‘To my dear daughter’, a video created on smartphone at Stephen’s House & Gardens, appeared in two conferences this summer; ‘Evolving the Forest’ at Dartington Hall as part of the film programme in June, and ‘Inside Out’, autistic girls, identities and creativity, in July.
The video was made by walking a series of 360 degree turns, virtually on the same spot. With each turn completed, I became aware that my careful movement of walking and turning slowly, was changing into something beyond walking, almost like a kind of dance. The ground beneath my feet was icy cold and there was a light covering of snow. Shifting my body weight from one foot to the other, ever so gently, so as not to shake the phone, I began to experience my body as one with my surroundings. I became a part of the rhythm of the swaying between the trees and the arboretum and the birds going back and forth in their branches. Preferring not to mention religion here I am thinking of a piece of writing ‘Going in Circles’, by Alexander ‘Twig’ Champion in ‘ways to wander’ (Qualmann, Hind 2015), in which the writer Champion describes the spiritual practice of circumambulation, of walking around an object, and how this spiritual practice draws the walker further and further into a meditative ‘mindset’, and with each completed circumambulation, a profound connection is created between the circumambulator and the object of focus. In many ways the art making process is like this, and it is what I think makes the art making process therapeutic. The artist focuses upon an object/abject/subject, they turn the object over in their thoughts, and revolve around it until they are satisfied to take the next creative step of representing it somewhere else in a different state of reality, to connect with it as something else, it is a way of thinking, of circling.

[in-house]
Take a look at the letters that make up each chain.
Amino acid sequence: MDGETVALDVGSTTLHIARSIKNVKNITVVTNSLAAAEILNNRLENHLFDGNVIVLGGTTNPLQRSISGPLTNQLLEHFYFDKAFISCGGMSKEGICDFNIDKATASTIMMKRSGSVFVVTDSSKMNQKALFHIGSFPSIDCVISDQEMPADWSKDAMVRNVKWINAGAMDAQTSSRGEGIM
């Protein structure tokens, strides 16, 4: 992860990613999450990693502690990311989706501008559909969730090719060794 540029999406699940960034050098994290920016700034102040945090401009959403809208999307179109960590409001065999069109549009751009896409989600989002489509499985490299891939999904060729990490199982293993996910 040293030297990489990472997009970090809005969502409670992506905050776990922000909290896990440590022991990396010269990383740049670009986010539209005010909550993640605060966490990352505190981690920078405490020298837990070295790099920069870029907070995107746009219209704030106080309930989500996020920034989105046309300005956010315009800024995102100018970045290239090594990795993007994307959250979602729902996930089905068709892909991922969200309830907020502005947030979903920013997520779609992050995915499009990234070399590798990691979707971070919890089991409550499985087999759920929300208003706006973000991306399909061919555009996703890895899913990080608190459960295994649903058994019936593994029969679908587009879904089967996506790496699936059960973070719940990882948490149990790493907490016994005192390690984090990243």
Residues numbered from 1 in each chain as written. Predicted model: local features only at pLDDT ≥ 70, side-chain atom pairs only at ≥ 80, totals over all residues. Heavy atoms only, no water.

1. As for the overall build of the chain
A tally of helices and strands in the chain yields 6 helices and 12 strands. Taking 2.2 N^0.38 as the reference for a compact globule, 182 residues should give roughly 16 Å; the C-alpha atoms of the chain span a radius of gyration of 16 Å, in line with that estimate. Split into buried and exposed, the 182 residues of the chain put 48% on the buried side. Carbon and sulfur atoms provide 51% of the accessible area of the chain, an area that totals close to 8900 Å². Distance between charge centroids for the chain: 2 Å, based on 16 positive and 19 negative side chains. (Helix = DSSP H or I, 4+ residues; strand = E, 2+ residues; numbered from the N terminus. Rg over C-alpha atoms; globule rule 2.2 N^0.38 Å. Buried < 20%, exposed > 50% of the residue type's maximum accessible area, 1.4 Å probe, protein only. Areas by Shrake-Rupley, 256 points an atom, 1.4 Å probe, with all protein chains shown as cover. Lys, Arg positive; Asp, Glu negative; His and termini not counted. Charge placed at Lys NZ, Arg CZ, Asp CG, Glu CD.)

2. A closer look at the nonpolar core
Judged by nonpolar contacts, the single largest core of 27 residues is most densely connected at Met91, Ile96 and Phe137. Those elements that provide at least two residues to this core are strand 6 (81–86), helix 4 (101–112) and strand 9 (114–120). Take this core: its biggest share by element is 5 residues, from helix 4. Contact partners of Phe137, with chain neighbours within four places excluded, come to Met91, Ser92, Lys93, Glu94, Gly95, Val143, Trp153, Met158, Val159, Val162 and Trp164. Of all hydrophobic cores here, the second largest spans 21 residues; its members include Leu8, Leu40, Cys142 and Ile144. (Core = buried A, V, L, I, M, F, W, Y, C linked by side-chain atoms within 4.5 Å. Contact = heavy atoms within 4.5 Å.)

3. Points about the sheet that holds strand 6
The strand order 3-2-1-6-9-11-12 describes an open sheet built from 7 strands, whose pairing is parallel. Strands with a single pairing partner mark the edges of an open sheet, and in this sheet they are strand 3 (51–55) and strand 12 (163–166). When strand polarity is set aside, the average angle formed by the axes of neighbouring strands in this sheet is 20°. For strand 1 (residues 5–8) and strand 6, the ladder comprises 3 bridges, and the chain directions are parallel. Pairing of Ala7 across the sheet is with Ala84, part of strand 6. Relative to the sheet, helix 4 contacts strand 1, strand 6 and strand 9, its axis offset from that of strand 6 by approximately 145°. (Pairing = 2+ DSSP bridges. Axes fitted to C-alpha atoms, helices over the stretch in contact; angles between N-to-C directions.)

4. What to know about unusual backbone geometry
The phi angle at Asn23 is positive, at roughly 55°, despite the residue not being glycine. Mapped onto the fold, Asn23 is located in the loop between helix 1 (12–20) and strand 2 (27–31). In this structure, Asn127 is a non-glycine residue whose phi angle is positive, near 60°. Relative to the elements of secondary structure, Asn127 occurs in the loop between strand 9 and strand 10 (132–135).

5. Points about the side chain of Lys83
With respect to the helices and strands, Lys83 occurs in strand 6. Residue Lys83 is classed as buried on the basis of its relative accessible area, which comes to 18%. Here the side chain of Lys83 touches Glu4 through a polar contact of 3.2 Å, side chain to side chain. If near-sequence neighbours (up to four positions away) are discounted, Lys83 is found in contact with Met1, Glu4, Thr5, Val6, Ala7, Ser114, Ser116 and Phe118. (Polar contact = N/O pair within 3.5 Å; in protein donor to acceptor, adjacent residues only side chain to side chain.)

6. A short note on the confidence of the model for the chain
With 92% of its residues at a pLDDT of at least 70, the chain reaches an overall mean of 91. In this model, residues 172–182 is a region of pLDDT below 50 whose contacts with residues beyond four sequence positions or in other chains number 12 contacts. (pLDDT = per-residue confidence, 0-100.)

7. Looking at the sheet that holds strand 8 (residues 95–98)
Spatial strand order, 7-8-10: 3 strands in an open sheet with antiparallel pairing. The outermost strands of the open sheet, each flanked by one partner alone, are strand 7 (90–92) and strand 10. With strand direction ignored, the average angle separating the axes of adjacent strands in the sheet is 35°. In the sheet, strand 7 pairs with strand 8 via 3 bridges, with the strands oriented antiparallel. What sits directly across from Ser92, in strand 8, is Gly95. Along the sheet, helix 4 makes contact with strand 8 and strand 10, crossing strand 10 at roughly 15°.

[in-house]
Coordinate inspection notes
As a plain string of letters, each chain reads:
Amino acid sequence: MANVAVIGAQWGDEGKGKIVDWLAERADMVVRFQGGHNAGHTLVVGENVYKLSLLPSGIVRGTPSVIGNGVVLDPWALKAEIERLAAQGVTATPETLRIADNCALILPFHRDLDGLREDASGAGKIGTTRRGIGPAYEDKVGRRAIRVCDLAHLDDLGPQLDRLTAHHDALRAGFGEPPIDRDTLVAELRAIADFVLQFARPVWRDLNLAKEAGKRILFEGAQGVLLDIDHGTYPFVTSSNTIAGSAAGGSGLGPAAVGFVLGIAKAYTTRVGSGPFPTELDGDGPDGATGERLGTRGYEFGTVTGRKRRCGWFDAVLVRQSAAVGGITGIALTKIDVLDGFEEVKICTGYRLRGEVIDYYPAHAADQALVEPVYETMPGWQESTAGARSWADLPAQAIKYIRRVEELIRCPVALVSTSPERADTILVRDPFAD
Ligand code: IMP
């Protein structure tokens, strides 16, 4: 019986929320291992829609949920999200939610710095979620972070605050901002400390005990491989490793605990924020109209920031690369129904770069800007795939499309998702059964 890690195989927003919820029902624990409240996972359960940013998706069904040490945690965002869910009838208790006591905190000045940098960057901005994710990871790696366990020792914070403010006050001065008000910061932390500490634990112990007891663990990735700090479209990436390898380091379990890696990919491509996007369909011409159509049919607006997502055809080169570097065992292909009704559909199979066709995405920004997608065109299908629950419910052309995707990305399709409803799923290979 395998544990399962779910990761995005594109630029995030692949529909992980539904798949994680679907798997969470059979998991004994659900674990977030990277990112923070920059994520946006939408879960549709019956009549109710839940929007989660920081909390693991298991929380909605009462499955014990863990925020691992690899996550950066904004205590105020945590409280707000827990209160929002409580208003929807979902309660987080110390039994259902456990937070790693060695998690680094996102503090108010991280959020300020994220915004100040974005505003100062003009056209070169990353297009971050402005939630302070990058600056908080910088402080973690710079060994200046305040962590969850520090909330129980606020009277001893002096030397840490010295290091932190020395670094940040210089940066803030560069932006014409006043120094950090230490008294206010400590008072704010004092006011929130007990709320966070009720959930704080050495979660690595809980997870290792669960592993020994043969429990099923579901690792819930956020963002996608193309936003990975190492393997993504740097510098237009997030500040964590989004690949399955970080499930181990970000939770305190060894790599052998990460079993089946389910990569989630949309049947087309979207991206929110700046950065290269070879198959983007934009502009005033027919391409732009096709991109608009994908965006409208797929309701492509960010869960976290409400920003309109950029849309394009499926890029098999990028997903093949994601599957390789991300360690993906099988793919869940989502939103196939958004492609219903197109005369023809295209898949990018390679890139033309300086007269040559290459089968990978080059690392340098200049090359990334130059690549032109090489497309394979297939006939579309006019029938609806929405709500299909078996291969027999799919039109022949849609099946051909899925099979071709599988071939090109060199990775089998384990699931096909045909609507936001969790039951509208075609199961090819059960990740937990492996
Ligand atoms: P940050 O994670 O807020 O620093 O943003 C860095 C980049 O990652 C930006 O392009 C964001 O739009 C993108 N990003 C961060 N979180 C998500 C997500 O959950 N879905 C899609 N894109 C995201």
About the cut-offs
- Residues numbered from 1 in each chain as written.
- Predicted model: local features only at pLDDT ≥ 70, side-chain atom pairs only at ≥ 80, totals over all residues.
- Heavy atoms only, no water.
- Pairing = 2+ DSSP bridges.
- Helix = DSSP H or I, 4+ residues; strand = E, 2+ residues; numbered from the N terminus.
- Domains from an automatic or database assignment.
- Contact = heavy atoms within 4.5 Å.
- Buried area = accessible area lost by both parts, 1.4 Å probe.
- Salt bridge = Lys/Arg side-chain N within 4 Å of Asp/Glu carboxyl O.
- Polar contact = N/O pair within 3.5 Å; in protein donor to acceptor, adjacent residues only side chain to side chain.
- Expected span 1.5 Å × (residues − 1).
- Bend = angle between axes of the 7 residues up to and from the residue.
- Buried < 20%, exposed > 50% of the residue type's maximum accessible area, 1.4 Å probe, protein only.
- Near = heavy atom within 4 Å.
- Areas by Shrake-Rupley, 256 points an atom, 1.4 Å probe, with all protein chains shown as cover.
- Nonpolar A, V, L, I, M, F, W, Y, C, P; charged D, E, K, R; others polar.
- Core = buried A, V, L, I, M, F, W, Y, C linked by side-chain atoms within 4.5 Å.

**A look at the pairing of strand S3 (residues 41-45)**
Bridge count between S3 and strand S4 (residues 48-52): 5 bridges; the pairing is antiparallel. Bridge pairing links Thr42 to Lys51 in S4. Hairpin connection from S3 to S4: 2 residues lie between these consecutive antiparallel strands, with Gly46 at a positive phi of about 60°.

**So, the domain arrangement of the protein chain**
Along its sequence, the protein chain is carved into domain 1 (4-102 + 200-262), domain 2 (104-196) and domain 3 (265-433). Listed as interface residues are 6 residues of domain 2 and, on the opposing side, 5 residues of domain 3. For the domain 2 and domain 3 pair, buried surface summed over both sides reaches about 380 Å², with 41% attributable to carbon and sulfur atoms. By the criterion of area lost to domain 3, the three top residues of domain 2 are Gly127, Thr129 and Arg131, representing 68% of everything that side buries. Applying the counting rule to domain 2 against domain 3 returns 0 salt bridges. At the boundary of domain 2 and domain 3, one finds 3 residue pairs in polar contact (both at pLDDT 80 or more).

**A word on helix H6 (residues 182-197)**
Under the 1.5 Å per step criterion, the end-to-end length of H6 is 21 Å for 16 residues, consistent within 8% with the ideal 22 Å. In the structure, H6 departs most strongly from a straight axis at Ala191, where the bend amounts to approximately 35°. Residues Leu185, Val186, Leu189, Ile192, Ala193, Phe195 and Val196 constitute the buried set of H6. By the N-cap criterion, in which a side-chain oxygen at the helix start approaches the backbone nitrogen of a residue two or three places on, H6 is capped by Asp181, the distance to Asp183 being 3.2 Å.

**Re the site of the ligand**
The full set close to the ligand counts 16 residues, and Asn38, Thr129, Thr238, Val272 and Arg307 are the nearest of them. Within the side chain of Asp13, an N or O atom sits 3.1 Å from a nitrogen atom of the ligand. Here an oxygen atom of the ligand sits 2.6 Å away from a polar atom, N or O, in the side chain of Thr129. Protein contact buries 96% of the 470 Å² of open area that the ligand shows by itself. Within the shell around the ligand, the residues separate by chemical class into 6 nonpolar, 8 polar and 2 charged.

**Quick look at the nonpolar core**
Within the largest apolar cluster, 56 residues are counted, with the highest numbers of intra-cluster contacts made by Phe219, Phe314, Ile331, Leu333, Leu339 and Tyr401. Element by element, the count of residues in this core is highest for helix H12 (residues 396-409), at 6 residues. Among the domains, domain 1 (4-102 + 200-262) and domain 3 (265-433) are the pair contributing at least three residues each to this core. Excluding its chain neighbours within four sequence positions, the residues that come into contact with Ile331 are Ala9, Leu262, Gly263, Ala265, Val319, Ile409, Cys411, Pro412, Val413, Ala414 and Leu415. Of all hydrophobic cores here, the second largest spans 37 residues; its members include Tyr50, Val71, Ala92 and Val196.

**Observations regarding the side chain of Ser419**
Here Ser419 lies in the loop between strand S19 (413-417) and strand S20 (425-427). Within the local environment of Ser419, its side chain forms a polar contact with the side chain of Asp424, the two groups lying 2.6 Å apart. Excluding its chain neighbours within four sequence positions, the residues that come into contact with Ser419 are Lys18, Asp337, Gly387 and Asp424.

Is all walking playful? For me it dissipates the hyper-focus and the over-thinking that comes with being neurodivergent, because it brings me to a place outside over-thinking, and over-thinking is not mind-wandering, it is a downward spiral of thought into a kind of stagnation that feels like trying to move through wet concrete, whereas mind-wandering suggests a horizon of possibilities, that over-thinking could never produce. Walking as an activity for thinking, takes my mind somewhere else, changes my perspective and my environment just by putting one foot in front of the other, it clears the eternal edit. In Rebecca Solnit’s book Wanderlust: A History of Walking, she talks about how walking the same route again can be like thinking the same thoughts again. I often visualise repetitive thinking or hyper-focus as a concertina of ideas building up and building up into a massive structure of folds, and the activity of walking becomes a promise in which these folds of thought will be gently patted down to become a smooth soft surface over which thought can freely flow.
Leaving the house to wander on foot, anywhere, feels like a nomadic act, in the hunter gatherer category; a solitary act, and non-convivial, because in company I am too distracted; I need to walk. And I am still wandering whether my solitary walks could be considered psychogeographical, if I am alone, without witness or smartphone to alert social media that I am out walking, how will my act become remembered or known as playful; surely it is all about #sharing?
When I step outside the front door, without direction, without knowing whether I will go left or right, my risk-taking self presents itself to me, leave home, don’t come back; what if I never go back? My privilege of having a place to call home, I know is a privilege. An architectural space that I have the right to live in and call home, I am privileged and I do reflect on that as a blessing, but sometimes it weighs heavy too as I consider my age and the desire to keep going; I need to walk. I could become like my homeless friend, who lives outside, and carries his home in a rucksack, he sleeps rent free on someone else’s land. We pass each other sometimes on our solitary walks, he likes his arrangement of not having a home, and we will acknowledge each other with a nod or I’ll find the courage to say “alright…?” each of us knowing that no answer is required. I say courage because I am slightly frightened of being too intrusive, of knowing too much, like ‘how to’ leave home.